Monday, August 8, 2011

Valley of 10,000 Smokes - Katmai Ntp

I'm posting this from an I Pod, so please forgive it will not be too informative at the moment ;)

The Valley of 10,000 Smokes is a region within Katmai National Park. It is filled wirh ash flow from an eruption of Novarupta in the year 1912. It was the by far largest eruption by volume in the 20th century, and it was a plinian eruption with massive ash flows and a pyroclastic eruption. The ash layers in the Valley reach a thickness of up to 210 meters and the most impressive sight is that the rivers lee and knife creek have already cut deep canyons into the soft ash.

The valley was - after it's first exploration by the National Geographic Society in 1916 - an unreachable and exotic destination, like a cold and arctic Shangri La. The 10,000 smokes were fumaroles steaming almost everywhere in the valley and that must have been an truly incredible sight. Today there are no more fumaroles, but the colors, the ash layers and canyons are really impressive. Most parts of the valley can only be reached by foot and there are not a lot of shelters so you better bring your tent with you. And it's also a valley without water, there are some snowfields where you get water, but mainly you have to carry the water that you need for several days with you. And gear and water is heavy, so be prepared to carry a heavy load. The valley is not thatunreachable any more, most backpackers come by plane via Anchorage, fly - as we did - to King Salmon, watch bears and then take this cool valley bus to the trailhead where you get dropped off in the bush.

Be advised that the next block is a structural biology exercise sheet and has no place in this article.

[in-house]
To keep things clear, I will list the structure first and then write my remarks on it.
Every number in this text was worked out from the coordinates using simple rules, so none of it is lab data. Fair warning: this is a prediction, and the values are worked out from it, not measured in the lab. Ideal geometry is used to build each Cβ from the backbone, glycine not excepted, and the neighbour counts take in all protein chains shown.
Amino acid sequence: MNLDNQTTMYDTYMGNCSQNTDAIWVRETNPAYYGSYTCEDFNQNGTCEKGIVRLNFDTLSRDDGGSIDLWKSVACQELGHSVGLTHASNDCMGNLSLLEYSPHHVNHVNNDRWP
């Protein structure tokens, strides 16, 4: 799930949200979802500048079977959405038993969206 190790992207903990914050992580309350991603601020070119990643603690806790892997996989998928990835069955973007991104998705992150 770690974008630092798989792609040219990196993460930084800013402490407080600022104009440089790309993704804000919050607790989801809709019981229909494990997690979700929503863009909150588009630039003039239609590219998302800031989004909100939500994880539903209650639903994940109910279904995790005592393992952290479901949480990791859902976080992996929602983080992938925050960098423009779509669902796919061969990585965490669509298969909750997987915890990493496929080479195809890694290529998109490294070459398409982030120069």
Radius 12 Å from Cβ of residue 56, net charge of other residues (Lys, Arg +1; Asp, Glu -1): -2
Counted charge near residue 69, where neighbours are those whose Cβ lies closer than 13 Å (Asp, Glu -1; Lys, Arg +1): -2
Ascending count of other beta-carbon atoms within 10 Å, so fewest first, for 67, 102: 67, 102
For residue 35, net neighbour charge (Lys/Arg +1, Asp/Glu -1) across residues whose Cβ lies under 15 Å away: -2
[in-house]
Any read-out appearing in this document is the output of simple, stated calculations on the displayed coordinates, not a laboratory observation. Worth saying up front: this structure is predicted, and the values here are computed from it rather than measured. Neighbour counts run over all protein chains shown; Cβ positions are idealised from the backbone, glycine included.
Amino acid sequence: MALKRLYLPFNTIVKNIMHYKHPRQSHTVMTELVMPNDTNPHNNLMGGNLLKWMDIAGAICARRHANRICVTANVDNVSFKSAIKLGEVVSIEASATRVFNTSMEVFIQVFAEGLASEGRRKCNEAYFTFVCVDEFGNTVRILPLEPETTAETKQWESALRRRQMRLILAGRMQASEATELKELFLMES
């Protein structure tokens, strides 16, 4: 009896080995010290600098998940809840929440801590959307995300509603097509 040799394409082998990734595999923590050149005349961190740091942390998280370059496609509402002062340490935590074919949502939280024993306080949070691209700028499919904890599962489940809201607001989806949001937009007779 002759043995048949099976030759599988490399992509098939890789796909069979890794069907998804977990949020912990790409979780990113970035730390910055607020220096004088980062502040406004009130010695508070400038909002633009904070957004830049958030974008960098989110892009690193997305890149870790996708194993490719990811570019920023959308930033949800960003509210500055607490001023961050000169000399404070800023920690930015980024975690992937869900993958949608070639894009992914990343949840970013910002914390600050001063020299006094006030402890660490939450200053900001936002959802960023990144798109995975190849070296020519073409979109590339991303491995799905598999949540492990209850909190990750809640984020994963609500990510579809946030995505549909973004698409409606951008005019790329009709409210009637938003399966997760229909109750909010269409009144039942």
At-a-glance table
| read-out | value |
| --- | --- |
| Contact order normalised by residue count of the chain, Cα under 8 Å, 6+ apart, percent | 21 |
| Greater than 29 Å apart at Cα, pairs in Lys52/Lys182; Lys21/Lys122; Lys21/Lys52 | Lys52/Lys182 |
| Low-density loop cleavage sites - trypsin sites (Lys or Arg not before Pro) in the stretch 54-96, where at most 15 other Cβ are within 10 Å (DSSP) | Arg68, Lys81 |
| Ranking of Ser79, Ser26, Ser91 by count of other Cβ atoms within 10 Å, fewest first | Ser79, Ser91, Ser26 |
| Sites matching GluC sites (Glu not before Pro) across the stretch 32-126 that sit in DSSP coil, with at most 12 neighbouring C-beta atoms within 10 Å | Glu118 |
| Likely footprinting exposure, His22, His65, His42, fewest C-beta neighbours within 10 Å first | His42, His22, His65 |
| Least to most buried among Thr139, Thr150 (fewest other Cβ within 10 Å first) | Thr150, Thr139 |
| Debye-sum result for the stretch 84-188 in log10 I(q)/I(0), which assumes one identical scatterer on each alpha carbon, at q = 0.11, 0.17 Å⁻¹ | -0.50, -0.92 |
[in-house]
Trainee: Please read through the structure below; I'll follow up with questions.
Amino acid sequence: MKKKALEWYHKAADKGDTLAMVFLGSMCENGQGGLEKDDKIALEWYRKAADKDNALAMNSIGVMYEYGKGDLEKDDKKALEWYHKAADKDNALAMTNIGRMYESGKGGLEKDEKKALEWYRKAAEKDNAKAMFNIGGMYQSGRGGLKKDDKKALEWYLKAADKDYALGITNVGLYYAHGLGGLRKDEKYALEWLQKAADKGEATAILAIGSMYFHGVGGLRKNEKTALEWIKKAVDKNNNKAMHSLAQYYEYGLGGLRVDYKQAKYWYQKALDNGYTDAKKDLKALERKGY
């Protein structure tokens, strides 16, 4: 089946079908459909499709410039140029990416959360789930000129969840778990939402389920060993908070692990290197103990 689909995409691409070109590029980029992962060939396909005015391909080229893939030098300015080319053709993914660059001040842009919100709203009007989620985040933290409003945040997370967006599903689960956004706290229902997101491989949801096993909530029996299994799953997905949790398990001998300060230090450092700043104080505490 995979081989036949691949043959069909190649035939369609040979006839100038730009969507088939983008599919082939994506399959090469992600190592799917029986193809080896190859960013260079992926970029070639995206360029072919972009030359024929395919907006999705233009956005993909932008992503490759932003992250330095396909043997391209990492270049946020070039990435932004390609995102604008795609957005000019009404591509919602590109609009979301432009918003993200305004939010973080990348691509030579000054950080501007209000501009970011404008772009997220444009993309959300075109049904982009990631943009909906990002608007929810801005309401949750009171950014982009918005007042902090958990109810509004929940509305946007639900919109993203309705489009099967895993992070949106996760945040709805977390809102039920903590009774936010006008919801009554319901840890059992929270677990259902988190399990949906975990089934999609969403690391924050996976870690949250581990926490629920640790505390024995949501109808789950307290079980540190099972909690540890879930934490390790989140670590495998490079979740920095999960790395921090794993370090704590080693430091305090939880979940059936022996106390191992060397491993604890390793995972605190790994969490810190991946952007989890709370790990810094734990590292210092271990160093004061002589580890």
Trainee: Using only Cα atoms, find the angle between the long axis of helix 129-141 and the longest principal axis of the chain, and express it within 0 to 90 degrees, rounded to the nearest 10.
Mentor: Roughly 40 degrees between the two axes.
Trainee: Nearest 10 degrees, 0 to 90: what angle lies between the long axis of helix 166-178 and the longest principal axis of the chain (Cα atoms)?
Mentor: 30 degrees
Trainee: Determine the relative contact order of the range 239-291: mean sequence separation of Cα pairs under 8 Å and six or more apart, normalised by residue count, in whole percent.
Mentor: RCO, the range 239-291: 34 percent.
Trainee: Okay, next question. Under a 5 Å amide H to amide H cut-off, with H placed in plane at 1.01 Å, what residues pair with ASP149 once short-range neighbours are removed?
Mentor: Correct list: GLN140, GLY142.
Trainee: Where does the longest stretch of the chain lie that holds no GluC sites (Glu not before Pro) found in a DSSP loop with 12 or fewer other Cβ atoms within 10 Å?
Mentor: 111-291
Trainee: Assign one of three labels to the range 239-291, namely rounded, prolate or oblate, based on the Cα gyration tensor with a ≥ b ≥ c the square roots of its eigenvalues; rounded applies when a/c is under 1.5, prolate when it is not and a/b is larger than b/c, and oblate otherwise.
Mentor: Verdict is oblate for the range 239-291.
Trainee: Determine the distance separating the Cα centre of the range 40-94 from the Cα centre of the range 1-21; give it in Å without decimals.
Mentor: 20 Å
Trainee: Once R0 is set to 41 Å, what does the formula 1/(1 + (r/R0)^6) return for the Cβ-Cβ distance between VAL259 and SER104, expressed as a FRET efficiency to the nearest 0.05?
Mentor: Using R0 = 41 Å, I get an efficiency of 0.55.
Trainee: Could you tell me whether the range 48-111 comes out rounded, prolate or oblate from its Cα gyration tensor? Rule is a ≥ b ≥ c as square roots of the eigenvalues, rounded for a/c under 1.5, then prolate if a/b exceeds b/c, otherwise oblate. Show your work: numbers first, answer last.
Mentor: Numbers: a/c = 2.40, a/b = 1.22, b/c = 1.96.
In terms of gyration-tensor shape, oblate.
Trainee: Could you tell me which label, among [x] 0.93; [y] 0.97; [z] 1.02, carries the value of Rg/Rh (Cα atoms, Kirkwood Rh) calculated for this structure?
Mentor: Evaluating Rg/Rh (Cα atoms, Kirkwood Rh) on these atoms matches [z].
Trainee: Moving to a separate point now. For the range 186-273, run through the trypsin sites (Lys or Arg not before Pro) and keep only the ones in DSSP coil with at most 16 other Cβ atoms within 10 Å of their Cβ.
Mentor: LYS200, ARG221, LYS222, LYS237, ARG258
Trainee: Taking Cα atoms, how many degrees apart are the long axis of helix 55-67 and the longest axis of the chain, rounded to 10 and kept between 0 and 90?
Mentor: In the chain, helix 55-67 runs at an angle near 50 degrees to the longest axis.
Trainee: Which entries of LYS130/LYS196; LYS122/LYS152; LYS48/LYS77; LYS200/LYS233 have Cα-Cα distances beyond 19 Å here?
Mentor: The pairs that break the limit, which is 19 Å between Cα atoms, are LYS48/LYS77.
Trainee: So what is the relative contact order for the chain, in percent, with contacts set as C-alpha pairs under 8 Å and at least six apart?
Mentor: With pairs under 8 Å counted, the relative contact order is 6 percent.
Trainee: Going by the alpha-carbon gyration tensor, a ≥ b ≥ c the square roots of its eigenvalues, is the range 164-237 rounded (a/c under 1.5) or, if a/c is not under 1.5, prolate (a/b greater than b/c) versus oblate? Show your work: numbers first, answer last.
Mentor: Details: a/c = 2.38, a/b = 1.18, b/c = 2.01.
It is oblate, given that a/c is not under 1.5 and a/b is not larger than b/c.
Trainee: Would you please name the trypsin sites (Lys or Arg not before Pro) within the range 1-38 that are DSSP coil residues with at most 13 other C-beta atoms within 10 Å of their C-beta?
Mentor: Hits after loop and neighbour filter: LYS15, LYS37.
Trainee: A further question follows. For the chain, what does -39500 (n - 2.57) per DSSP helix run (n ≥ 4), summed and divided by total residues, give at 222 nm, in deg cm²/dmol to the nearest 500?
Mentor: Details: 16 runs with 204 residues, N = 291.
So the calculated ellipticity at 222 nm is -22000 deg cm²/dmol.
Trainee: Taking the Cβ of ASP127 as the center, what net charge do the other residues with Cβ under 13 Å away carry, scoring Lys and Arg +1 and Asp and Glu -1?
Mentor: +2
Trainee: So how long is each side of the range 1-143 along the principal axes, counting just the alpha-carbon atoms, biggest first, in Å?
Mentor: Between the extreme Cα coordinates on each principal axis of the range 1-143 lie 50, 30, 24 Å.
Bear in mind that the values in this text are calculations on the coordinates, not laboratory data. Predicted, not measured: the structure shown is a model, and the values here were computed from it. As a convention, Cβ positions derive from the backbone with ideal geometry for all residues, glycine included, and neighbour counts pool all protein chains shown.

So now just a few pictures from the Valley...

That's what the trailhead looks like - you notice the bug net: really essential gear.

The first mile you walk through quite dense vegetation and you always have to mind you're in bear country, so if you're not willing to face a brown bear behind every bend of the trail, make noise. Besides: there is no marked route into the valley, but there are plenty of footpaths you can follow.

When hiking into the Valley, most trekkers follow the Buttress Range which is the mountain range to the right of the picture, and then head to 6 Miles Camp (which is not a 'camp' at all, just a place where you get some melting water from snow fields in the mountains above).

Then the dense vegetation suddenly disappears, you cross a river and there it is: a valley full of ash.

Quite a windy and rainy night in the middle of nowhere.

But it's an amazing valley, with lots of opportunities for pictures!

And a last picture: this guy was just around our tent at night - at day we heard him hauling in the dark, dense wood on the trail... which was a bit scaring indeed... he even came closer in the wood and stories where told of a wolf even following the people...

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